|Pros spreading LPU(?) Glue in a DIYish Step|
(Photos from ProWall Factory)
|Finished SIP... Note Gluing Press in Background, Right|
I been thinkin'.
Ply/foam/ply composite construction has a LOT of advantages in boats. Foam insulates and floats, two valuable characteristics in WaterWorld. Separating skins of ply creates a girder very much more rigid, and stronger than the same two pieces bonded directly together.
So let's get some acronyms aboard:
- SIP (Structural Insulated Panel) - A pre-fabbed ply/foam/ply composite. Unfortunately, the more commonly available SIPs are made with nautically worthless OSB (Oriented Strand Board).
- XPS (Extruded PolyStyrene) - Available in boards of several useful dimensions from local building supply yards. Commonly referred to as blue- or pink board. It has high R-Value (insulates well), high structural strength (as foam goes), is completely water-proof, and stable (doesn't disintegrate into beads).
- AC plywood - Has one 'good' side (knots and gaps filled, sanded) and one not-so-good (holes not filled, usually sanded.
- DIY (Do It Yourself) - Mostly a great way to go. But I'm not the kind of guy who likes to knit, believing that machines do it faster AND cheaper.
For square boaters, especially, SIPs are an excellent way to shorten build time and dramatically improve insulation and positive buoyancy.
Square Boats of the Bolger Brick, Puddle Duck Racer, TriloBoat, Shantyboat and so on types stand to benefit most from SIP panels. Triloboats, for example, use 85% to 100% flat-panel construction. Time savings would be huge if building a whole boat from SIP, rather than DIY composites. But even Curvy Dogs use flat panels for bulkheads, sloped decks and superstructure construction.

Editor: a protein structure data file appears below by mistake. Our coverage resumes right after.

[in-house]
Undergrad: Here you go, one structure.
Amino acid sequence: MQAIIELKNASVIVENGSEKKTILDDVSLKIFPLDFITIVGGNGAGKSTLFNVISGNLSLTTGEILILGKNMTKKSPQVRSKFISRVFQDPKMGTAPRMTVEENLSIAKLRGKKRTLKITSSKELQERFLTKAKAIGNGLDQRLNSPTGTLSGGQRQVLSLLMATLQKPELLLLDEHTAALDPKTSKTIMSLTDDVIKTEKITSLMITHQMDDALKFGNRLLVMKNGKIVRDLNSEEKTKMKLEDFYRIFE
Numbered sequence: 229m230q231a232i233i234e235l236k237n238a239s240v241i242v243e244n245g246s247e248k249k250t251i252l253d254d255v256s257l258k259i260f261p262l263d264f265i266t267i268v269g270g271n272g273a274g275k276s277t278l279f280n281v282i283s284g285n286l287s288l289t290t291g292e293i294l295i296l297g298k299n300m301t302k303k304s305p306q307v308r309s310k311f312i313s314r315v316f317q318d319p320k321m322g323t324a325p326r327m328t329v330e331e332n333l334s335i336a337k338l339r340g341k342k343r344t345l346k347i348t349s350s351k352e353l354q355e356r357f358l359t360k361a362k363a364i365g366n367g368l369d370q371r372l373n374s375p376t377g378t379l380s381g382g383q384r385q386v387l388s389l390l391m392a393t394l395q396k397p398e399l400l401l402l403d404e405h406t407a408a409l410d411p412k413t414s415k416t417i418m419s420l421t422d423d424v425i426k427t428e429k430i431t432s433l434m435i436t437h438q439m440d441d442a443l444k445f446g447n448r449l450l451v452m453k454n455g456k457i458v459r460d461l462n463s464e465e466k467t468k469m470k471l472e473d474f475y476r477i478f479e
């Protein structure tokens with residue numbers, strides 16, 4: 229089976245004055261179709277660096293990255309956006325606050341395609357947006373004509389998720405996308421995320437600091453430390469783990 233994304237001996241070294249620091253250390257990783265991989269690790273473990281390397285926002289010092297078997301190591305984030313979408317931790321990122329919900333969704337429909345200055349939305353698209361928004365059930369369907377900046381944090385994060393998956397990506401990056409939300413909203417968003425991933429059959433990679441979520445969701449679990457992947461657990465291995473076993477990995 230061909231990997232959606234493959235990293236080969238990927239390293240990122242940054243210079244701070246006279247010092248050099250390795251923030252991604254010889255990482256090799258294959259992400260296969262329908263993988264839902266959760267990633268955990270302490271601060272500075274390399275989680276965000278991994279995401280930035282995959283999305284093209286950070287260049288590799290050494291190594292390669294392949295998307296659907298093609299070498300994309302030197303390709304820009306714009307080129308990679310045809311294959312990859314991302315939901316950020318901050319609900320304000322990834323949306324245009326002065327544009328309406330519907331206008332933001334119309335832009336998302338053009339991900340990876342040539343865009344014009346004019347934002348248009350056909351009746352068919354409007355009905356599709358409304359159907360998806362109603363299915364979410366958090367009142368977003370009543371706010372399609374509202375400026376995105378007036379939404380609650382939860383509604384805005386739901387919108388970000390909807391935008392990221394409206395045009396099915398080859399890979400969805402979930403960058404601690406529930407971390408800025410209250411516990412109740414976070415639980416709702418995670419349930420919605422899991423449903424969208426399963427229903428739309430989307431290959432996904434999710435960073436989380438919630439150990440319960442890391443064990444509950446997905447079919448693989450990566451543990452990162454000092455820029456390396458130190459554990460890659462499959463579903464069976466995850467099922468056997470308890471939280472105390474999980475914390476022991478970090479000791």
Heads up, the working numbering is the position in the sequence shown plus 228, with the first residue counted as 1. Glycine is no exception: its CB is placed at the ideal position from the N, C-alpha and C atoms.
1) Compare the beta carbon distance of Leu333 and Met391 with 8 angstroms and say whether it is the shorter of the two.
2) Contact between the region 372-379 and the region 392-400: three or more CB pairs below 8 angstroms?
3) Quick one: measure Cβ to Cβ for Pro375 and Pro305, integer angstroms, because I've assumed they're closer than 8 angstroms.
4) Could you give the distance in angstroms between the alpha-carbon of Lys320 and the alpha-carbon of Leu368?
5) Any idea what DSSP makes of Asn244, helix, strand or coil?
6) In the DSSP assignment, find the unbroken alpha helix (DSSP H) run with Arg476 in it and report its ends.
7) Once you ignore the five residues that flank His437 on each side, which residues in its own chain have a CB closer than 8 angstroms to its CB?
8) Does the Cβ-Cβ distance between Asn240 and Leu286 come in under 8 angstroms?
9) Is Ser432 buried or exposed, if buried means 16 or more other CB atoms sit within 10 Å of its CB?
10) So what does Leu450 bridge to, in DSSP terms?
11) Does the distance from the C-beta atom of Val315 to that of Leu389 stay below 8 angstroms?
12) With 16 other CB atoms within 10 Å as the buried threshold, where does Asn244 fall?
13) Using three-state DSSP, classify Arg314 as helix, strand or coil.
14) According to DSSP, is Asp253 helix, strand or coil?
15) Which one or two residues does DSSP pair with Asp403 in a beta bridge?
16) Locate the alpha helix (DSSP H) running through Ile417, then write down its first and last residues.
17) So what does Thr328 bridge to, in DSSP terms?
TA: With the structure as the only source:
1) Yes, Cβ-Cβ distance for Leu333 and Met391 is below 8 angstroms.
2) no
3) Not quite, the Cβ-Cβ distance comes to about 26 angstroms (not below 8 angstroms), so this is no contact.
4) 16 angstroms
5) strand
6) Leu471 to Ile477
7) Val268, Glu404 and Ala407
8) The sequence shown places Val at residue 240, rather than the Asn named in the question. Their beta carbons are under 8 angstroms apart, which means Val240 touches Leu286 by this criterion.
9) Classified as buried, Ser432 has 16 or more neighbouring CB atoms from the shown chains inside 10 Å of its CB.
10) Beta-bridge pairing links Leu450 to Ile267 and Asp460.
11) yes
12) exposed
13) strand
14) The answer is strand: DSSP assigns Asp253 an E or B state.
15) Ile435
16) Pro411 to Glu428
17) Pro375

SIPs can be DIYed. One can build them in place (generally the way to go whenever curves are present). Or one can pre-fab them, flat on the bench, before assembling them into the hull. In either case even clamping is the tricky part, to ensure good glue up and leave no voids. Vacuum bagging is ideal and within reach of amateurs, but requires a good set-up and tools you won't be taking with you.
Manufactured SIPs use high quality processes to ensure perfect adhesion. The downside is that they're mass producing for the housing market, which has different needs. XPS is more exotic, in this market, and the low end of the standard is 3 inches. The 'ply' used is most often OSB (Oriented Strand Board), a nautically worthless material.
The trick will be to come up with a standard or two, whose many customers make manufacture worth a company's while.
For starters, I'd suggest a SIP standard of 1.5 inch XPS sandwiched between two layers of 1/4 inch AC ply of a good, marine wood (red cedar, fir or equivalent, yellow pine).
1.5 inch foam provides reasonable thickness and allows framing with standard 2x lumber. If more thickness is required it can be laminated up without too much trouble, as 1/4 inch ply accepts staples for even, DIY clamping. AC plywood is much cheaper than marine, while SIPs' girder strength makes up for any structural advantages derived from engineered marine ply.
So, Square Boaters... do we represent enough of a market to start reaping economies of scale?